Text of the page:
Expectations This will be a hard class. What
makes it hard is that coming up with algorithms is more an art than a
science: there are no recipes, and each problem is a new
problem. Furthermore, problems that seem very similar, may have very
Plan accordingly, and allow plenty of time to
read the materials and work on the problem sets each week.
To succeed in this class:
- Be pro-active about studying (use class materials and all resources on the internet)
- Formulate questions and attend study groups to get your questions answered
- Solve all problems that are assigned in class and lab, even those
that are optional
- Find a group of peers to work with. Explain your ideas to your peers, and listen to their ideas. Try to prove them correct, or wrong. Take turns.
Office hours, TAs and study groups
Office hours (Toma): Mon, Tue, Thu 10-11
For quick questions you can drop by any time the door is open. If
you cannot come during these times, send me an email to make an
appointment. For specific questions on the assigments, I encourage you
to first talk to the TAs and attend at least one of the study groups,
but preferably more than one.
TAs: Kote Mushegian, Tucker Gordon, Mingo Sanchez, Ethan Zhou
- Sundays: 7-9pm (Tucker)
- Wednesdays: 6-8pm (Kote)
- Thursdays: 5-6pm (Mingo), 7-9pm (Ethan)
Labs and Homework
The lab time is dedicated to more examples, demos and practice
problems. A lab will usually contain a set of problems to be completed
in the lab, and a problem set that becomes the homework assignment for
the following week.
The assignment is considered an opportunity for learning and
completing the assignment is a learning process. You are not expected
to sit down for a few hours and solve everything in a breath. Instead,
you are expected to view it as a process: read the problems,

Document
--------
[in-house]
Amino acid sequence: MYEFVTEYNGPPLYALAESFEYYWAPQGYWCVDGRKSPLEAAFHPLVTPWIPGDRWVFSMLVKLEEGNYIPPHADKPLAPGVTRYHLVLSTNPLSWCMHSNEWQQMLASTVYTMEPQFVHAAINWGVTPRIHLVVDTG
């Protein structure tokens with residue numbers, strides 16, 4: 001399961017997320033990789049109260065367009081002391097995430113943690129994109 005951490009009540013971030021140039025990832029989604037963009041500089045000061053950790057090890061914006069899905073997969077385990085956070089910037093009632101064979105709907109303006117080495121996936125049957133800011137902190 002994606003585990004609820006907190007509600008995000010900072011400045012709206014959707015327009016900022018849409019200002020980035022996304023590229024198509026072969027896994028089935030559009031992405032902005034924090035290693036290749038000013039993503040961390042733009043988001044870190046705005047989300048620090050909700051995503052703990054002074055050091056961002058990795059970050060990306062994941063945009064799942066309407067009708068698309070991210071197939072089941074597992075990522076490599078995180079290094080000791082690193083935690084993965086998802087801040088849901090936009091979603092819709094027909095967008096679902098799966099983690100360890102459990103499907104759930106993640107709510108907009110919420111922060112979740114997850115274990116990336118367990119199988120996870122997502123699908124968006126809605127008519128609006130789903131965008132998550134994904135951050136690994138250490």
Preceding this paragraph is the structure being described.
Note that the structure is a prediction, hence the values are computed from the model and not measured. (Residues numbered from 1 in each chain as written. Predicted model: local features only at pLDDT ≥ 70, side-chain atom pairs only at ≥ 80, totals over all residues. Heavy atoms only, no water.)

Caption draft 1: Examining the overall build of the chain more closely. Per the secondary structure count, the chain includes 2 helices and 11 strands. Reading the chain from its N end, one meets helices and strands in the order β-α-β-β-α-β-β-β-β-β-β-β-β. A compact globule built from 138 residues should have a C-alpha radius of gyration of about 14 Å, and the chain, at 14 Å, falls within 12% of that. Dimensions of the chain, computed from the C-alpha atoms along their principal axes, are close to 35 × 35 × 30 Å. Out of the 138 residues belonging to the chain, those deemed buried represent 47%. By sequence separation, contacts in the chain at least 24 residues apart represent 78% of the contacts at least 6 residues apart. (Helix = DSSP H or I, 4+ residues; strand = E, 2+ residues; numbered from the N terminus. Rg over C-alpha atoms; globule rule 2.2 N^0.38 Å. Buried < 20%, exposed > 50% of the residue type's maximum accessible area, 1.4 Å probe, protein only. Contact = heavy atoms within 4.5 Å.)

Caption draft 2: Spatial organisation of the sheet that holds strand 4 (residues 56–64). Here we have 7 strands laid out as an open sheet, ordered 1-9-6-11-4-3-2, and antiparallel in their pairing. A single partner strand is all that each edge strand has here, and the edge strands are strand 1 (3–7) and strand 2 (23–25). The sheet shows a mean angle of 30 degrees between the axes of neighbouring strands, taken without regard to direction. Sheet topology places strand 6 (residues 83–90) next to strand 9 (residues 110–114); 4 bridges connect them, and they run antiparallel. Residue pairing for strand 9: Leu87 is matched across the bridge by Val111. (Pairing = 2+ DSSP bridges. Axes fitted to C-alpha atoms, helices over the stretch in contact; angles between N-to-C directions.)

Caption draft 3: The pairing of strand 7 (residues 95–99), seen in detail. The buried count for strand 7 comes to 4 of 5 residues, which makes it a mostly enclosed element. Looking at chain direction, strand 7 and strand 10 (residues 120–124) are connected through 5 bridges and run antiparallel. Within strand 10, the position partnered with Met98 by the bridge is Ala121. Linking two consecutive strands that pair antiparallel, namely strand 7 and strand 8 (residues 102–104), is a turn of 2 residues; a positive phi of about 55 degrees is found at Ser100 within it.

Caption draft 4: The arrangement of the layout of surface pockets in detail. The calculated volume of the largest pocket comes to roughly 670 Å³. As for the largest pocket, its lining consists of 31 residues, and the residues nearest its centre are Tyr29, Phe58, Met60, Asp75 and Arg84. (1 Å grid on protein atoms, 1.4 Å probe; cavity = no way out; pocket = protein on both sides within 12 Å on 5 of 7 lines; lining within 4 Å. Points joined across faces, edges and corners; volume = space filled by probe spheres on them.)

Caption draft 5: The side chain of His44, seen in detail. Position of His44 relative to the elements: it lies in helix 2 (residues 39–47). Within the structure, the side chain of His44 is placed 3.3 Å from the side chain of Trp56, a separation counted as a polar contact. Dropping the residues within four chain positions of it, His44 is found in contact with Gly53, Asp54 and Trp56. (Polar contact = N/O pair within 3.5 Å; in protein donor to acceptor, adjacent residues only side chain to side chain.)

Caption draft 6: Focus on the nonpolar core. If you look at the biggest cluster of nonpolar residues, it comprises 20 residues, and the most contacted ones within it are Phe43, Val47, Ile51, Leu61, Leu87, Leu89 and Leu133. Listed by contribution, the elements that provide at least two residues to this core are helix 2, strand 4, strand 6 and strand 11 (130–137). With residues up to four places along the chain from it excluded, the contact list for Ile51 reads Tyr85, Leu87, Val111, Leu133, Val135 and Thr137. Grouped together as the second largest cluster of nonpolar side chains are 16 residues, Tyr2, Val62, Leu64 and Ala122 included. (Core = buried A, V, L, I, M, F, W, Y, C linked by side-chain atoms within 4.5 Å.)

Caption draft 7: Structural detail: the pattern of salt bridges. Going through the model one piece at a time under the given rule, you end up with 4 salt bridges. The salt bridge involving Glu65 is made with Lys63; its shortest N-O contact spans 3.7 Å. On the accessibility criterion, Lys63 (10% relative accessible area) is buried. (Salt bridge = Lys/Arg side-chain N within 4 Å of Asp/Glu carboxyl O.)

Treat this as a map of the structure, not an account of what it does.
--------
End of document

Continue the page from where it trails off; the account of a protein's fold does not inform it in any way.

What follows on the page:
understand what they are asking, come up with initial solutions,
figure out why they work or not, come up with improvements. The whole
process is supposed to be interactive between you, the group of people
you collaborate withm your TAs, and myself.
Homeworks, Exams and Grading policy
Homework: The weekly lab will contain problems to be
solved in the lab, and a set that constitues the homework for the
subsequent week. The homeworks will generally be due a week later
(unless specified otherwise). Late assignments are not accepted
(except in case of medical reasons).
Exams: There will be three exams, each one about a
third through the semester (precise date TBD); the third exam is
during the final exam period. The exams will be a combination of
in-class and take-home. All exams will be open book and open notes,
and non-cumulative (to the extent possible).
Homework collaboration policy: You are encouraged
to work on problems in a group. You will find that you will gain a
better understanding of the material by discussing the problems with
your partners. However, you must write up the solutions
individually. Limit your collaborators to three or
less, and list the names of the collaborators on the homework.
Grading policy: The final grade is determined as
- Homework assignments (40%).
- 3 exams (60%).
- Class participation.
You are expected to follow Bowdoin's academic honor
code. Collaboration on homeworks is encouraged, however you are
responsible to write the solutions on your own, and list the names of
all your collaborators. You may not glance over someone else's written
solution, and you may not share your problems sets and exams with
anybody else, this term or in the future. Any violation will be
reported and treated according to Bowdoin's academic integrity